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Bill would ban tiny plastic beads in personal care products

Microbeads, like these in a powdered eyeshadow, would

Microbeads, like these in a powdered eyeshadow, would be banned under a measure drafted by the state attorney general to halt the spread of plastic pollution in New York waters. Photo Credit: iStock

Tiny beads used in facial scrubs, shampoos, soaps and toothpaste products would be banned under a measure drafted by the state attorney general to halt the spread of plastic pollution in New York waters.

Expected to be introduced Tuesday by Assemb. Robert Sweeney (D-Lindenhurst), the Microbead-Free Waters Act would prohibit the production, manufacture, distribution and sale of beauty products that contain plastic particles less than 5 millimeters in size.

The proposal was prompted by a 2012 study in the Great Lakes that found high concentrations of the plastic beads. Researchers believe the microbeads are so small they wash down drains, pass through sewage treatment plants and are discharged into fresh- and saltwater bodies.

"They're so small to the naked eye it almost looks like dust," said Stiv Wilson, an author of the study and policy director of Los Angeles-based 5 Gyres Institute, a nonprofit advocacy group focused on worldwide plastics pollution. "The smaller the size, the more sinister they actually are."

The plastic microbeads, commonly cited on ingredient lists as polyethylene or polypropylene, can absorb toxins, and, if eaten by fish, make it into the food chain.

"They're exactly the size of fish eggs, which makes it worse," Wilson said. "It doesn't look like a foreign object to marine life."

The researchers sampled lakes Superior, Huron and Erie. In Erie, they found as many as 466,000 microbeads per square kilometer. The confluence of tides and urban populations are likely the cause for the high concentration.

State Attorney General Eric T. Schneiderman called it an emerging threat that while discovered in the Great Lakes, could impact any waters where sewage is discharged. "From the Great Lakes to the Hudson River to Long Island Sound, our commitment to protecting and restoring New York's water is among our most important responsibilities," he said.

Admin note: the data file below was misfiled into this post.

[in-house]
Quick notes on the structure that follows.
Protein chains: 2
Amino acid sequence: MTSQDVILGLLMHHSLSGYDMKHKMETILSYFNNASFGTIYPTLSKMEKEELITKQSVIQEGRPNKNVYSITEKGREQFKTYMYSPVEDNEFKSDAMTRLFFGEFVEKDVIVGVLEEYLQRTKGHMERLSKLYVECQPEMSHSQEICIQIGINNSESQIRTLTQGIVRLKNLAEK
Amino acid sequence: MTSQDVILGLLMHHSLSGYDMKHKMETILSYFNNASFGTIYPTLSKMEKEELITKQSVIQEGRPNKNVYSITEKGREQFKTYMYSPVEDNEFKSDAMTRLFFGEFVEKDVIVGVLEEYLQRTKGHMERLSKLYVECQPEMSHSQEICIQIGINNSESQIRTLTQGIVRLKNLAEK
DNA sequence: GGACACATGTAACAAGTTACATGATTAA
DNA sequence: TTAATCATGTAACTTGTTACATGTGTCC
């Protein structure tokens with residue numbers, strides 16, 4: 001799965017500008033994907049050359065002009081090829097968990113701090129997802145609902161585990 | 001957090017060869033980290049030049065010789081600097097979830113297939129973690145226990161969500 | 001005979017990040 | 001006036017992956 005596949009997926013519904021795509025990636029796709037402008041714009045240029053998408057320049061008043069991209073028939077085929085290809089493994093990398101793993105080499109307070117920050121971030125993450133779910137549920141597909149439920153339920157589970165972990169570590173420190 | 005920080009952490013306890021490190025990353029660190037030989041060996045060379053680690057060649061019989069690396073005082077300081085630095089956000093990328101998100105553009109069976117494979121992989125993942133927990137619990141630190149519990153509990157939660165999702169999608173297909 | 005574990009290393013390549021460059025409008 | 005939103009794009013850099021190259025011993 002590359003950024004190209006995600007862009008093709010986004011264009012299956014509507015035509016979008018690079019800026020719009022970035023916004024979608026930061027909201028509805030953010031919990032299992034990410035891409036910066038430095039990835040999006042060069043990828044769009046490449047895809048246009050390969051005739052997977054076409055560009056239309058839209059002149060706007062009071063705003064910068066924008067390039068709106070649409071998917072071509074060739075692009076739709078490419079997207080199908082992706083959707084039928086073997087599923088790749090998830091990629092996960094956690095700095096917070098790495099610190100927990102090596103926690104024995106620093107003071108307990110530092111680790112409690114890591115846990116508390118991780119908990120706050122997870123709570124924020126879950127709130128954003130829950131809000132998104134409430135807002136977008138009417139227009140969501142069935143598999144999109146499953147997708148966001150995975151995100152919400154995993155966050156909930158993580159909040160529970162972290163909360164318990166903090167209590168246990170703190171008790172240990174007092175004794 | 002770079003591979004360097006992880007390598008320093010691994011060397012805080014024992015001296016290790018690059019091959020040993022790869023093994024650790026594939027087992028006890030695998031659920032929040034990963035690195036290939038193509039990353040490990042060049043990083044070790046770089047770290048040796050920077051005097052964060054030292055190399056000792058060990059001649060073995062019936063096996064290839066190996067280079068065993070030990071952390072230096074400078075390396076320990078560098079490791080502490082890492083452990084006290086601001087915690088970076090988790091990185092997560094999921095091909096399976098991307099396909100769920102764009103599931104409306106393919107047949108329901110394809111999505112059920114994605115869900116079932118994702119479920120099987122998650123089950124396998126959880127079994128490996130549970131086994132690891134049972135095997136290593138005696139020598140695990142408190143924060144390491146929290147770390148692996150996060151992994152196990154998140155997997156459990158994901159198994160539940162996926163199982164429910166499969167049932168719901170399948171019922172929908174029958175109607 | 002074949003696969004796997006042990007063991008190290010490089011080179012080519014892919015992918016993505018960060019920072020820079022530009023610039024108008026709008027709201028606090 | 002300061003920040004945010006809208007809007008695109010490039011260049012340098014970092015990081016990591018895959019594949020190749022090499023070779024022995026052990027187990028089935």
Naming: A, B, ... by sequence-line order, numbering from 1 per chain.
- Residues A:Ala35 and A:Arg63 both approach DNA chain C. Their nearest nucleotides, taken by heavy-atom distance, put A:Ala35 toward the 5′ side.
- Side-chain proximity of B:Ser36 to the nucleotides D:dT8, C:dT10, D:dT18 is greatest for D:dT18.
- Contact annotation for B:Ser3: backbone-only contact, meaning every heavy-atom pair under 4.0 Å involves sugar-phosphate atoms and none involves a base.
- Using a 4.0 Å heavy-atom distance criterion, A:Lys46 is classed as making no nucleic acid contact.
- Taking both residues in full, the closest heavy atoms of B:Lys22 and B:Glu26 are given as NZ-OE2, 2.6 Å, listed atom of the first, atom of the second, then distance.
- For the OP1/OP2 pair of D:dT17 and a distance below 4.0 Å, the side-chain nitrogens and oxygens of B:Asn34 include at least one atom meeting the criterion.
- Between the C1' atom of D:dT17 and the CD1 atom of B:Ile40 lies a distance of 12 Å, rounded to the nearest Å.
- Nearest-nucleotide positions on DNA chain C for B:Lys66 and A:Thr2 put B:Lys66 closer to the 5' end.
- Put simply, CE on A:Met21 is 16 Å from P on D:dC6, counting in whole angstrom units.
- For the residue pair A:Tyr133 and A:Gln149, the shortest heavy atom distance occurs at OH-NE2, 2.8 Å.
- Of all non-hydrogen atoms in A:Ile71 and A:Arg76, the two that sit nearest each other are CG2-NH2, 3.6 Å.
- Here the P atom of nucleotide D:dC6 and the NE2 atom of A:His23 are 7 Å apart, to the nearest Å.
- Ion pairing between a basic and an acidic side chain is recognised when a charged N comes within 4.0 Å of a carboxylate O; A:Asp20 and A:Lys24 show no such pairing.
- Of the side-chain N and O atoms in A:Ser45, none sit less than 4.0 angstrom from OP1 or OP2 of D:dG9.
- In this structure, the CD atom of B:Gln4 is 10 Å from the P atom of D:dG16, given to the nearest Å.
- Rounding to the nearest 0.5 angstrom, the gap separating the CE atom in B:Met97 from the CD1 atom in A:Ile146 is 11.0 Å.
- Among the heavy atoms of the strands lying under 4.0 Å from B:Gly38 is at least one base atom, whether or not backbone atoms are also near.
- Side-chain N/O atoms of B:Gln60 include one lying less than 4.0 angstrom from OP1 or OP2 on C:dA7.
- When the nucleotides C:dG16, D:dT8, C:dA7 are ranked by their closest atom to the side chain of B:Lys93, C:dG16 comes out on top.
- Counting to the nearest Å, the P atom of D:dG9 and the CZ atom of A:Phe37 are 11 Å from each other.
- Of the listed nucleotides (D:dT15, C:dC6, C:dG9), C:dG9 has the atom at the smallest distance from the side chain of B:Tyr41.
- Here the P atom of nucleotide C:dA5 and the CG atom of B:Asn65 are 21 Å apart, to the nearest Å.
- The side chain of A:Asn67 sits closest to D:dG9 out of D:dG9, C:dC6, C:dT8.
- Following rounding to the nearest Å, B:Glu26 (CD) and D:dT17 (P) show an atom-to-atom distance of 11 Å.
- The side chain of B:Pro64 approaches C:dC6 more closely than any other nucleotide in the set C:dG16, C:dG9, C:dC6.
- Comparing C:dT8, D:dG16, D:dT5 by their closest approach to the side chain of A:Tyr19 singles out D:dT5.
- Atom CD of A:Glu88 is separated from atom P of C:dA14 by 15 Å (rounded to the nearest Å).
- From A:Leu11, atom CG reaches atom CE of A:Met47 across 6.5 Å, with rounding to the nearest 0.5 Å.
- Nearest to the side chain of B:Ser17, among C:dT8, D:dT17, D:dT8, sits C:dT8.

If passed, this would be the first legislation of its kind in the United States, his office said.

California is considering a similar measure, Wilson said.

Environmental Advocates of New York, a watchdog group, applauded the move. "It's easy to underestimate the harm that products like this cause, but no matter the shape or size of the plastic, it is still plastic we are flushing down the drain," executive director Peter Iwanowicz said. "Plastic microbeads haven't made a single New Yorker cleaner or more beautiful, so their continued use is absurd."

Procter & Gamble, Unilever and Colgate-Palmolive all have made commitments to phase out microbeads in their products, Schneiderman's office said.

On its website, Unilever said it hoped to do so globally by 2015 because "we believe we can provide consumers with products that deliver a similar exfoliating performance without the need to use plastics."

Microbeads are used in more than 100 products, often replacing natural abrasives like sea salt and walnut shells.

"When people learn more about this issue, they will be unwilling to sacrifice water quality just to continue to use products with plastic microbeads," Sweeney said in a statement. "There are a number of natural alternatives to microbeads that will provide the results that consumers are looking for without diminishing our water quality."

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